Key takeaways

  • Dollar cost averaging is the process of purchasing an investment on a regular schedule. An example is a 401(k), where an employee contributes the same amount each month.

  • There isn’t a financial advantage to a dollar cost averaging strategy, apart from the regularity of investing.

  • Instead, it brings psychological benefits and helps investors ride the ups and downs of the market without as much stress.

Recent market volatility has a lot of investors wondering how to minimize its impact on their portfolio. No one wants to see the balance on their accounts decline. One strategy that can help balance out the volatility is called “dollar cost averaging” (DCA), and it can provide benefits to any type of investor.

“We're often confronted with the question, ‘How do I get started investing?’” says Rob Haworth, senior investment strategy director for U.S. Bank. “You may have a lump sum of cash from the sale of a business or property and are looking to put the money into a diversified portfolio of stocks and bonds. Or you could have a form of continuous cash flow, such as savings from your paycheck, and you want to know how to help it grow. Dollar cost averaging can be a good strategy for both situations.”


How does dollar cost averaging work?

Dollar cost averaging (or DCA investing) is the process of purchasing investments on a regular schedule instead of putting a large sum of money into the market all at once. The amount of money invested using this approach is usually smaller than a lump sum would be, but the contributions will build up steadily over time.

One of the most common dollar cost averaging examples is when an employee signs up for a workplace retirement plan, such as a 401(k). They agree to contribute a set percentage of their income into the retirement plan each pay period.

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How to dollar cost average

For a specific DCA investing example, someone making $150,000 per year who is paid twice a month would receive gross pay of $6,250 per pay period. If they allocated 10% of their pay to a 401(k), they would be saving $625 out of each paycheck. At the end of the year, they would have saved $15,000. The return on the funds inside of their 401(k) would fluctuate based on the market.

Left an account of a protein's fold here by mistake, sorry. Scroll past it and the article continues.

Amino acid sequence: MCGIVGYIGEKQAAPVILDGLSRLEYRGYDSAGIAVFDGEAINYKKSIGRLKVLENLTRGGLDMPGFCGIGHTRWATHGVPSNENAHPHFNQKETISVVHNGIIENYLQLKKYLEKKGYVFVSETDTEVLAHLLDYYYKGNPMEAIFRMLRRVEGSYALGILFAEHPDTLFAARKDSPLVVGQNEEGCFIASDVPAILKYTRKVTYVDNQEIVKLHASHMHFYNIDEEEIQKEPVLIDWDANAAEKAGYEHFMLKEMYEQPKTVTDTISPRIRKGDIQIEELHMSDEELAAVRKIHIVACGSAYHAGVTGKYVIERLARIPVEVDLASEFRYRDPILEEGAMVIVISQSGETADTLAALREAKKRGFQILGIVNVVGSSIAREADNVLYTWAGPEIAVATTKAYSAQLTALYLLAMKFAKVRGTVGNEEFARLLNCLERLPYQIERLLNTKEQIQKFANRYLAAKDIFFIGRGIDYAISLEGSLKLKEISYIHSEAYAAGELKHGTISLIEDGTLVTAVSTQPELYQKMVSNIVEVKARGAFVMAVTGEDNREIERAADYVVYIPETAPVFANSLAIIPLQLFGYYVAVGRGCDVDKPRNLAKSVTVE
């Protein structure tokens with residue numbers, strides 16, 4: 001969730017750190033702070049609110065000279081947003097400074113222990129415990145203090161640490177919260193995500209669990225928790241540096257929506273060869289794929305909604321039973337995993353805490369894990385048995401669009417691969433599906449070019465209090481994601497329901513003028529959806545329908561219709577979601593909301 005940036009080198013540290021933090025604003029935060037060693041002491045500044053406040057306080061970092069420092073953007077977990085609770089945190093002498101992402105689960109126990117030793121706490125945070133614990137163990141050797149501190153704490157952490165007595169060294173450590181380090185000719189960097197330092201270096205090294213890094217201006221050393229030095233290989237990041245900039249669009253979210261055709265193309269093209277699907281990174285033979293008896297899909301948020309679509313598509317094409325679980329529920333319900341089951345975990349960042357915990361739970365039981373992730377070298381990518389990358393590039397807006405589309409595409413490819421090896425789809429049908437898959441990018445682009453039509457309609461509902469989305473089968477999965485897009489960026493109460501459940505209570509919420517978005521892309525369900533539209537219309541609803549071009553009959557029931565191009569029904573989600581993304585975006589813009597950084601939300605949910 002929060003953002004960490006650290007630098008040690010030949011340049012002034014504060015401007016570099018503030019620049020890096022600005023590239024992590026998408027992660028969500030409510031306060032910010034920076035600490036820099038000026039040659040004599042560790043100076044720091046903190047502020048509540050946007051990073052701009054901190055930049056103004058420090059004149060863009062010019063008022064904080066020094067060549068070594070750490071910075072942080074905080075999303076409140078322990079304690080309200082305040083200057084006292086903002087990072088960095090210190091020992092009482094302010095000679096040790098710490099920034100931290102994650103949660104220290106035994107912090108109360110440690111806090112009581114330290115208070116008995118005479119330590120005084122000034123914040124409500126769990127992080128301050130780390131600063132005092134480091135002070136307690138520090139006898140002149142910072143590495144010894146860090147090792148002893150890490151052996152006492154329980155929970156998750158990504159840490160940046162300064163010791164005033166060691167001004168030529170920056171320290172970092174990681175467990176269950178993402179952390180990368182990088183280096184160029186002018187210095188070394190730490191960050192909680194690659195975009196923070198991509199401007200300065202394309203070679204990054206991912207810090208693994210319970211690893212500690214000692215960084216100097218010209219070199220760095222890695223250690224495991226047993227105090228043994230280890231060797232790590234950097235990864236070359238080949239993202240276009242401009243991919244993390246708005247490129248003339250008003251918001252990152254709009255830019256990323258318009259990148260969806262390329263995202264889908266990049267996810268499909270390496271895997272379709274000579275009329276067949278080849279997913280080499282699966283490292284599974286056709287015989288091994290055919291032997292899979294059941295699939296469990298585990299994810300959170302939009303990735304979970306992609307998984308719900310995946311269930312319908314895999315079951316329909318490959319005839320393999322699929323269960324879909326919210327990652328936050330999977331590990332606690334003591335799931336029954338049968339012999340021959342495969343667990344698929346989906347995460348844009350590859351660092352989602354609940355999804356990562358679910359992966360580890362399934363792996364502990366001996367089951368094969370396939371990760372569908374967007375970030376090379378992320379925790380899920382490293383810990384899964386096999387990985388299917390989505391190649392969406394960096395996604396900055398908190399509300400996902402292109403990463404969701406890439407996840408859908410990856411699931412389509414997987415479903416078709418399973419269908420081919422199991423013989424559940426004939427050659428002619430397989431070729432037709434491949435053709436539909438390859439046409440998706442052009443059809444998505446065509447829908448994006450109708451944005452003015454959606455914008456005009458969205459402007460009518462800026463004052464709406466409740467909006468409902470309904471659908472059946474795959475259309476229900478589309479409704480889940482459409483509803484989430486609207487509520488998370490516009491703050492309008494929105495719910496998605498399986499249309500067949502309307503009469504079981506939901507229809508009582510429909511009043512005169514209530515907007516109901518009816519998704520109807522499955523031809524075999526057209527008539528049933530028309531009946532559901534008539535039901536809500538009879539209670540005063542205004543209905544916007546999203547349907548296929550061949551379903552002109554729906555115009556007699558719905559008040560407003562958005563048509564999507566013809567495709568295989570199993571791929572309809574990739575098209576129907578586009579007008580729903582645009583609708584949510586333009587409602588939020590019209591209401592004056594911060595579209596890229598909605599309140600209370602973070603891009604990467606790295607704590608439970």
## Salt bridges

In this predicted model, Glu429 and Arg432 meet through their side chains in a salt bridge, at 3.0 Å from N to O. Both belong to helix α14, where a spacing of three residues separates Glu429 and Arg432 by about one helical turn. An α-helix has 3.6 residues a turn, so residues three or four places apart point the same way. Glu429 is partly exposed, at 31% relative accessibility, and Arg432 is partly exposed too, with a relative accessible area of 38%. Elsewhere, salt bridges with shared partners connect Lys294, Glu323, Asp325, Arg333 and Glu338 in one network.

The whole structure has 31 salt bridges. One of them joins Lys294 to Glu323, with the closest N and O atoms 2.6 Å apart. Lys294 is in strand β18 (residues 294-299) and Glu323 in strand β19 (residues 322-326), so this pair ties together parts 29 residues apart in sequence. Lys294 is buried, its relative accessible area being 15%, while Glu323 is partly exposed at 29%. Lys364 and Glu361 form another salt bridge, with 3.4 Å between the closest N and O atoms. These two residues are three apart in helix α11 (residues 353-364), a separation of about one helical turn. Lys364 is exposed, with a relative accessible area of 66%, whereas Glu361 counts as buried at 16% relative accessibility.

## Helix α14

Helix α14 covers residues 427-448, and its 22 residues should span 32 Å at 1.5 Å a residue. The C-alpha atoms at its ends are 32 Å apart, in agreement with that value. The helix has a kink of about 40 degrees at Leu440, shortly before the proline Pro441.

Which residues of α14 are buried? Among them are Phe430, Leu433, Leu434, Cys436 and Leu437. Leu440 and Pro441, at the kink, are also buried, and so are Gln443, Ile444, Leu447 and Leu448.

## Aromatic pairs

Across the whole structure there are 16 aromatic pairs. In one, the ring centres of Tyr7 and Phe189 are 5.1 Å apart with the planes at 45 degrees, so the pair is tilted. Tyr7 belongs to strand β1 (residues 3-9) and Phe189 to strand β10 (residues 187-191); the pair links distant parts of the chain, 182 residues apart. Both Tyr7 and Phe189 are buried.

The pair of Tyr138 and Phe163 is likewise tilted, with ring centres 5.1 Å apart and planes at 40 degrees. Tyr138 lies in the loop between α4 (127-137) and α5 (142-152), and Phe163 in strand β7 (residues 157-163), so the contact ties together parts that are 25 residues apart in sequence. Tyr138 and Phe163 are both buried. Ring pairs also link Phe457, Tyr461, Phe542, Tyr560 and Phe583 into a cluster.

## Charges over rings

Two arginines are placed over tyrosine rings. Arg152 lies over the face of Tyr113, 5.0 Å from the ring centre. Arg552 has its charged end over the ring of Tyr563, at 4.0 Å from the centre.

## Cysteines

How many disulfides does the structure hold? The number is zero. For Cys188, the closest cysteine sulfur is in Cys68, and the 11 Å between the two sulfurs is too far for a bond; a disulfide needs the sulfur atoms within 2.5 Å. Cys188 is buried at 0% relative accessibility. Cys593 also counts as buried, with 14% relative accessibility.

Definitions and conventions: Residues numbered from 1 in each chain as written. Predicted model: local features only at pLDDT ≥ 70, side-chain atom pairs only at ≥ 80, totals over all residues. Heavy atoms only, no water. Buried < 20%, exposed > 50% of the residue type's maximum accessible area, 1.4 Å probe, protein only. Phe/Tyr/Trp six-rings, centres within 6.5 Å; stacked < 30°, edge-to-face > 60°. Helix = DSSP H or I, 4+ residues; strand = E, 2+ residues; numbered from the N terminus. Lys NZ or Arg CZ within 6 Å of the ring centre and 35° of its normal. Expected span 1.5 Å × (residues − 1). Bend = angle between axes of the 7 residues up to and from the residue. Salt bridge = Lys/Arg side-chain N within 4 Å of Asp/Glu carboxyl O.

“You're putting a regular amount to work in the market over time without regard to price. Sometimes prices will be higher, sometimes they'll be lower, but you essentially continue to accumulate investments.”

Rob Haworth, senior investment strategy director, U.S. Bank

Advantages of dollar cost averaging

Interestingly, research has found that there isn’t a significant financial benefit of dollar cost averaging, such as earning an extra return, when compared to a lump sum investment. The biggest advantages to a dollar cost averaging strategy are the psychological benefits it can provide.

  • Dollar cost averaging helps you feel comfortable with uncertainty. As prices in the market rise and fall, the value of stocks and bonds change, too. Dollar cost averaging helps investors become accustomed to fluctuations. “You're putting a regular amount to work in the market over time without regard to price,” says Haworth. “Sometimes prices will be higher, sometimes they'll be lower, but you essentially continue to accumulate investments.”
  • DCA investing makes “timing the market” obsolete. It can remove the regret an investor may experience if they don’t time the purchase of the stocks or bonds just right. Dollar cost averaging takes a patient approach. It removes the desire to try to time the investment, since there is no way to know the best day to buy. “We're human beings, and we know from behavioral science that we will feel bad and perhaps abandon our plan if we put all our money to work and the market goes down the very next month,” says Haworth. “One of the ways to balance such emotions is consistently putting your money to work and not thinking about having the timing exactly right.”
  • Dollar cost averaging takes the emotion out of the investment decisions. “You aren’t making your decision based on if the market is up or down, or how you feel about what’s happening in the market,” says Haworth. “Time will be on your side, even if you started your investments at a market peak.” He says two years should be enough time to put meaningful amounts of money to work, as investors can take advantage of that ebb and flow of the market.
  • DCA investing removes decision fatigue. With dollar cost averaging, you don’t have to determine how many shares to purchase based on price. It takes away the discipline needed to make regular investments since it creates an investment habit that’s predetermined and automatic.


Is a dollar cost averaging strategy right for you?

Dollar cost averaging can offer a variety of benefits, but there may be times when investing a lump sum into the market is the better choice. It’s important to work with a financial professional to determine the best tools and strategies for meeting your financial goals.

“Your financial professional will work with you to think about your cash flow needs and your ultimate financial goals, setting that ultimate strategic allocation,” says Haworth. “Then they can also figure out your path to getting there. Time in the market can matter more than trying to time the market.”

From working with a financial professional to investing online, learn more about your investing options.

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Dollar Cost Averaging does not assure a profit and does not protect against loss in declining markets. Such a plan involves continuous investment in securities regardless of fluctuating price levels and investors should consider their ability to continue purchases through periods of fluctuating price levels.